It’s been a while since the first leak from Belleays National Park in southern Quebec was found, but now, thanks to the help of a federal government agency, there are no more leaks.
The leak was found at the end of August, but the media coverage has been heavy.
The belleays national park, in southern Québec, is home to a small, remote community of more than 1,000 people.
In 2014, a massive leak occurred in the region.
Since then, officials have been working to prevent another leak from occurring.
“We’ve been very diligent about making sure the spill containment measures are working, that we’re not letting the public off the hook,” said Rob Ford, the mayor of the small municipality of Belleayn, about an hour west of Montreal.
Ford, a member of the Liberal Party, says the park is a key piece of Quebec’s identity.
He says the local media has been focusing on the park as if it were the biggest thing in the world, despite the fact that there are several other spills that have occurred.
While there have been no leaks in Beléyère since August, the park’s officials have continued to try to contain the problem.
The site has been closed to the public, and a massive cleanup is underway.
The first leak was discovered at a site in the park that was being used for construction in February.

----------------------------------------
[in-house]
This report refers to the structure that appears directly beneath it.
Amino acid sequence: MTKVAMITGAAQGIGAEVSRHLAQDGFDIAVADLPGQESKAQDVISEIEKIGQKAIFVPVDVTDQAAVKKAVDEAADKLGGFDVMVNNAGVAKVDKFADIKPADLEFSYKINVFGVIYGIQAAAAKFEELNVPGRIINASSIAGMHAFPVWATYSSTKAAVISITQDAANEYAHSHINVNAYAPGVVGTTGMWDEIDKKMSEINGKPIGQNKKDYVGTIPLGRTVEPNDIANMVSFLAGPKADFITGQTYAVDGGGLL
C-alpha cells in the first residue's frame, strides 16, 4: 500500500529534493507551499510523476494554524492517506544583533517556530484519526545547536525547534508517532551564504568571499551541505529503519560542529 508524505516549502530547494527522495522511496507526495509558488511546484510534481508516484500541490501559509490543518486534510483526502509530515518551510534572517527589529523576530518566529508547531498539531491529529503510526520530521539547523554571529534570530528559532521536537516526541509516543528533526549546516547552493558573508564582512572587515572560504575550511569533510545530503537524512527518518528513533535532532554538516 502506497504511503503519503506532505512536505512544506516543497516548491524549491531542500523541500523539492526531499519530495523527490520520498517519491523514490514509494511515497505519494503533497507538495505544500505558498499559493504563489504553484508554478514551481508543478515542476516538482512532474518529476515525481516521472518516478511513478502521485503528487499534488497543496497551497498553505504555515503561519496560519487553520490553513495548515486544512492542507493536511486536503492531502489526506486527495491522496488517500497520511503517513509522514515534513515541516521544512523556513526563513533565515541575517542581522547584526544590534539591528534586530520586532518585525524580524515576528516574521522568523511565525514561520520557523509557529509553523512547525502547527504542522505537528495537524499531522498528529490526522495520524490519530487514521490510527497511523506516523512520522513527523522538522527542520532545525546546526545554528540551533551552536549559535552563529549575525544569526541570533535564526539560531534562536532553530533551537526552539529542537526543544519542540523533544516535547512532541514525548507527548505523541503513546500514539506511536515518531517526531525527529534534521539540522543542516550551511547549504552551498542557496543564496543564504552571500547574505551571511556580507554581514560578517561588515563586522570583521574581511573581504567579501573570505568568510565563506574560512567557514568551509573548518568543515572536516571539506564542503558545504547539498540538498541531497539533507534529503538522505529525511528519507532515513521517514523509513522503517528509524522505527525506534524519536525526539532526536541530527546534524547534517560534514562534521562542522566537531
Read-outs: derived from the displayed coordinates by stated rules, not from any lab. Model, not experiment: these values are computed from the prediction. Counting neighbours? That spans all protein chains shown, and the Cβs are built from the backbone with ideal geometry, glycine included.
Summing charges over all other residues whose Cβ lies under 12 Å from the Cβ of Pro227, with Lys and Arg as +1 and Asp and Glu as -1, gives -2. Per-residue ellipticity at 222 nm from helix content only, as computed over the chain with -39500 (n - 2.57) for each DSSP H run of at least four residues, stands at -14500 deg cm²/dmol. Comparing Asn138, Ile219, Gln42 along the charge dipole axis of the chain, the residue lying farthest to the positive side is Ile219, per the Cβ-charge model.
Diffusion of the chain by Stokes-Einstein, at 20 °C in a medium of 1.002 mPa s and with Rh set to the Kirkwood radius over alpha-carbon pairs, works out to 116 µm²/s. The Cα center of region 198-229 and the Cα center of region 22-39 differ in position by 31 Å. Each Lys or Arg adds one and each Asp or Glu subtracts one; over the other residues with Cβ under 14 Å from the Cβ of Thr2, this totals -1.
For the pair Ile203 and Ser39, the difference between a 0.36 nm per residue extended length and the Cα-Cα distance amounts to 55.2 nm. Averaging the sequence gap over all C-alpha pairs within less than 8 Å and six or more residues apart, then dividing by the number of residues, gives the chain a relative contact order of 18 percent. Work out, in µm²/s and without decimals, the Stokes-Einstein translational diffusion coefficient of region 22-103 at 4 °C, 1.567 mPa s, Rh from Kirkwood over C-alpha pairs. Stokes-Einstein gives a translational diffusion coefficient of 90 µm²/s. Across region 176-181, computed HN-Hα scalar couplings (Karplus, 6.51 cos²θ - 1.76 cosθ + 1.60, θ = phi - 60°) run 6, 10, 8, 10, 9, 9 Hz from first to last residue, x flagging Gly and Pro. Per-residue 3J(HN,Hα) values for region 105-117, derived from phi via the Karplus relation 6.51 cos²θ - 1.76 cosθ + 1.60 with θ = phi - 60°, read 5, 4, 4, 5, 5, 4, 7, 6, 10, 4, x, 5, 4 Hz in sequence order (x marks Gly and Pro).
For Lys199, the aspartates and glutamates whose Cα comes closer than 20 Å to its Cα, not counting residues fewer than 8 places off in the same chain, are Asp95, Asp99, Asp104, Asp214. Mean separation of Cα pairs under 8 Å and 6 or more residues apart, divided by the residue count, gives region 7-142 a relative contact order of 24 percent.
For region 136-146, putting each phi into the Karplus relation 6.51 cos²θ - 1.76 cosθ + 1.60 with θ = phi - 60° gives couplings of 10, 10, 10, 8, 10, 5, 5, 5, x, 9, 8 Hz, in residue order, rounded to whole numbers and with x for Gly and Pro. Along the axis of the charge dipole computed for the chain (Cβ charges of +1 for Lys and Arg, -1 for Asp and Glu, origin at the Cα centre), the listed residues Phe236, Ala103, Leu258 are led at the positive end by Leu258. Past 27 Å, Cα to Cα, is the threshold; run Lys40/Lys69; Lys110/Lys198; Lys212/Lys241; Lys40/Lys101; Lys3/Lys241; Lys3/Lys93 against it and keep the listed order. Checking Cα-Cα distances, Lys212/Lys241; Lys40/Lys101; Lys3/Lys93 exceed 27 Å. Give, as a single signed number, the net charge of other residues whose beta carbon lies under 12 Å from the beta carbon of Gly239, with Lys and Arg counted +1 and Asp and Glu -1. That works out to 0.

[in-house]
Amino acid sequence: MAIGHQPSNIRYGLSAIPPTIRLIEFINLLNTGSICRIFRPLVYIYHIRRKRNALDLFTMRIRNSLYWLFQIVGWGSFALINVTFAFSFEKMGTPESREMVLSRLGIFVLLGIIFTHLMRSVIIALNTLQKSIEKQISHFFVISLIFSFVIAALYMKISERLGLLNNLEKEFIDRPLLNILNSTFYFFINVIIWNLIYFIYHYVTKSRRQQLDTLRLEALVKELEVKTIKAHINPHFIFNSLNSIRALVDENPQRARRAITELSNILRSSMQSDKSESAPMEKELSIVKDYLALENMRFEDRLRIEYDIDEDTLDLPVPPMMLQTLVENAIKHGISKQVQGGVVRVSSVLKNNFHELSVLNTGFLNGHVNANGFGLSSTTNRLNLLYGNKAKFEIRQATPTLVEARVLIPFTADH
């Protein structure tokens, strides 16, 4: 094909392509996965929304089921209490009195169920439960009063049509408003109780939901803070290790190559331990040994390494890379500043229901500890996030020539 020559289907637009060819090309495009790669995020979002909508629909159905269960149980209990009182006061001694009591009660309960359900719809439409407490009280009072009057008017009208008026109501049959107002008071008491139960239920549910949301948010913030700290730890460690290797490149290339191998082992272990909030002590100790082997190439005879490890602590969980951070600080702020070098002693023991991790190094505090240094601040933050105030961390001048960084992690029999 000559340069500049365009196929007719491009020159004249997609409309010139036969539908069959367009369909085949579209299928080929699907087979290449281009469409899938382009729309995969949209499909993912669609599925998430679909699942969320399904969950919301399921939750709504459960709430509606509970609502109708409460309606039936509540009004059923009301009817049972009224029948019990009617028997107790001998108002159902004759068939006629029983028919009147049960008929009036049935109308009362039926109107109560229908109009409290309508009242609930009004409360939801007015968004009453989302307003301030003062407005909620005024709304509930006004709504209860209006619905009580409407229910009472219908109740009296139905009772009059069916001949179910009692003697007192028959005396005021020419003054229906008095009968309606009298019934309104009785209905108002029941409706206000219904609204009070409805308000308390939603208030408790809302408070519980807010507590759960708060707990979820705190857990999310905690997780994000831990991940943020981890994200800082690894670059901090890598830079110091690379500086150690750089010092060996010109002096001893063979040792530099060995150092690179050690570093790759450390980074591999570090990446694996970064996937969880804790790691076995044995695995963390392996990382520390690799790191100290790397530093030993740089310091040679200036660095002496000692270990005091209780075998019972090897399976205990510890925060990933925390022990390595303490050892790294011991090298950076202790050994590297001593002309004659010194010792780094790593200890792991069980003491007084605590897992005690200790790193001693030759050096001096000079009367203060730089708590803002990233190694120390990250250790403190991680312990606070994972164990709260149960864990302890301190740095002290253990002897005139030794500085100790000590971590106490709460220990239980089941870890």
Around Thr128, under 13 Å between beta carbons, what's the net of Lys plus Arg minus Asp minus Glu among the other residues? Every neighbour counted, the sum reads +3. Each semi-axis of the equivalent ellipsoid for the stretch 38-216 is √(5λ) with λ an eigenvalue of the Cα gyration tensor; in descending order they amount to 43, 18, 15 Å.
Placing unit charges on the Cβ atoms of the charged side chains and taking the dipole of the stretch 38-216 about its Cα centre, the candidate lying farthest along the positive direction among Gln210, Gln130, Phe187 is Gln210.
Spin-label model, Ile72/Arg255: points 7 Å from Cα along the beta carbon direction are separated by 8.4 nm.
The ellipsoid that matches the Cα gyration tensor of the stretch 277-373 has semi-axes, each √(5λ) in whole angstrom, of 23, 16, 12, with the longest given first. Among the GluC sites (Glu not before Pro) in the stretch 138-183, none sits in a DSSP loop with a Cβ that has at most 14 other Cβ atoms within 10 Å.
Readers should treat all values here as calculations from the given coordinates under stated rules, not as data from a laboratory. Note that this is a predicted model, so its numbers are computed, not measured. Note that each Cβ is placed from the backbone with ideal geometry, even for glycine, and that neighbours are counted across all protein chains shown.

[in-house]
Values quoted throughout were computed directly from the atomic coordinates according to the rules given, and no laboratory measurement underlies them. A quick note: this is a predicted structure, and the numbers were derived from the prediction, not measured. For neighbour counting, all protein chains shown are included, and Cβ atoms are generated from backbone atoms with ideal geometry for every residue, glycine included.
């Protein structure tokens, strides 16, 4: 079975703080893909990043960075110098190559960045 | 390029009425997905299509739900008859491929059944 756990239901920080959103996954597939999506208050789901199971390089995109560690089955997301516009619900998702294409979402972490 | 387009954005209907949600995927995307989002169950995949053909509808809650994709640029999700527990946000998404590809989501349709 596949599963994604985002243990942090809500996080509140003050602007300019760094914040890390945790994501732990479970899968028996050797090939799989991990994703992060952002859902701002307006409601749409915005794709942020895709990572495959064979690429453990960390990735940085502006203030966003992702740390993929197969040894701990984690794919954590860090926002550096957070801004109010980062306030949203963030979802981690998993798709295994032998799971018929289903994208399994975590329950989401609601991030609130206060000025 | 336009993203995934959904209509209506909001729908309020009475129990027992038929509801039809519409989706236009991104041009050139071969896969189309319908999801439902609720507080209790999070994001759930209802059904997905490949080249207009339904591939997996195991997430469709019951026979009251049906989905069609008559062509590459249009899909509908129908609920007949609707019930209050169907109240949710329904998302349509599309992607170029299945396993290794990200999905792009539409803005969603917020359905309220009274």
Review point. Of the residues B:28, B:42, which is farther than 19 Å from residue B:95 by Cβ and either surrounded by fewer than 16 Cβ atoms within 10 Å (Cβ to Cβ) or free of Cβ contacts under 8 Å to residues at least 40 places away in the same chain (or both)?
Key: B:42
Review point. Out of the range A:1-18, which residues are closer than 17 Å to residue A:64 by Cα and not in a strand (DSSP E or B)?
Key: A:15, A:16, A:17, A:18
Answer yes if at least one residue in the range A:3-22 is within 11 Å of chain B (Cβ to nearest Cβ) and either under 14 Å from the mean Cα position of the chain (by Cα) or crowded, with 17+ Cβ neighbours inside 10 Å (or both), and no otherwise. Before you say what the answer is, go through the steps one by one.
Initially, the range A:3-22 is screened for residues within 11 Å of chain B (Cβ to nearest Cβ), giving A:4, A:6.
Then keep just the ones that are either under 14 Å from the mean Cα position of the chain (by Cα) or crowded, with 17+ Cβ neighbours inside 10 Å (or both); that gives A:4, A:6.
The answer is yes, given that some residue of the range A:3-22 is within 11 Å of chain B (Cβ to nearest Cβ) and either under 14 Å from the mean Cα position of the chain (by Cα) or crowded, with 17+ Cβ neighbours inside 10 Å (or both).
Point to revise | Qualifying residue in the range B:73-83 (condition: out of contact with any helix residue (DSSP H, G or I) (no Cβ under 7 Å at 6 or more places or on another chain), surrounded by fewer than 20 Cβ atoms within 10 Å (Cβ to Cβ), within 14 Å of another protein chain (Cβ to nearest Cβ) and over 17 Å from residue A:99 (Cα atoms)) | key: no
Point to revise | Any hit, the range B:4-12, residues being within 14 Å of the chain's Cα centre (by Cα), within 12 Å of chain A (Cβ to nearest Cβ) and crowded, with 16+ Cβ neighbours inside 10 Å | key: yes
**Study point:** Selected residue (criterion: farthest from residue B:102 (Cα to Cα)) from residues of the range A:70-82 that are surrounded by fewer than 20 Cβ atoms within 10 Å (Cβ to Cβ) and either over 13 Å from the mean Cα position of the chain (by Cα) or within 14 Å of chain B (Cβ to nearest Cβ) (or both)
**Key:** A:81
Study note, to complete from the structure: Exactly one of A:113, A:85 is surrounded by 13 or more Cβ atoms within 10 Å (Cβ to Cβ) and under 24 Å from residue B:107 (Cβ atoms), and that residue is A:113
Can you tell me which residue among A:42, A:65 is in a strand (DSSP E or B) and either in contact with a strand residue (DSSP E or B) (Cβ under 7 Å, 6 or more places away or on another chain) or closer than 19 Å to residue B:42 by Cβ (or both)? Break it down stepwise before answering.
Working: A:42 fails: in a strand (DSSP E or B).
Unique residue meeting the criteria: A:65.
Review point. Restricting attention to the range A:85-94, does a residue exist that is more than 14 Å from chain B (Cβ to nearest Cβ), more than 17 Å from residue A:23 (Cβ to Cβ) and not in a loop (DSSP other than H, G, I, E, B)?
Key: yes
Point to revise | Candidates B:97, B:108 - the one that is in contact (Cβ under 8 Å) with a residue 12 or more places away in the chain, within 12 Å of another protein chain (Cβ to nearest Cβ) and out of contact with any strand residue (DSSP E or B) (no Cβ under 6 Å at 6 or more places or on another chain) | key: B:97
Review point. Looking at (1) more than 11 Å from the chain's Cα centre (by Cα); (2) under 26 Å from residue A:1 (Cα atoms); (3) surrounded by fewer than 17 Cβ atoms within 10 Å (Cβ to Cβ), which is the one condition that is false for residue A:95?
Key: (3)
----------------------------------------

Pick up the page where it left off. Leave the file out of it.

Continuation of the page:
But the site was never tested.
In an effort to prevent future leaks, the Canadian Environmental Assessment Agency (CEA) took over the site and started an environmental impact study, which was completed in May.
The agency says it has spent more than $1 million to test and treat the spill, and it has found no significant risk to the surrounding environment.
CEA spokeswoman Amy Sorensen said in an email that the agency’s initial assessment of the site showed it was safe to reopen.
“CEA is working closely with the Department of Fisheries and Oceans to assess the risks and determine appropriate mitigation measures, including the use of the most environmentally responsible techniques,” she said.
Officials are hopeful that the new information will help them prevent another spill from occurring in the future.
After the leak was first reported, the provincial government was forced to declare a state of emergency.
But the province said it would not be extending the emergency for another 24 hours, so the Canadian Association of Petroleum Producers and the Canadian Energy Pipeline Association decided to step in to pay for a temporary shutdown of the area for two weeks.
A second round of testing was also held in May, and the CEA said it found no risk to nearby fish and wildlife.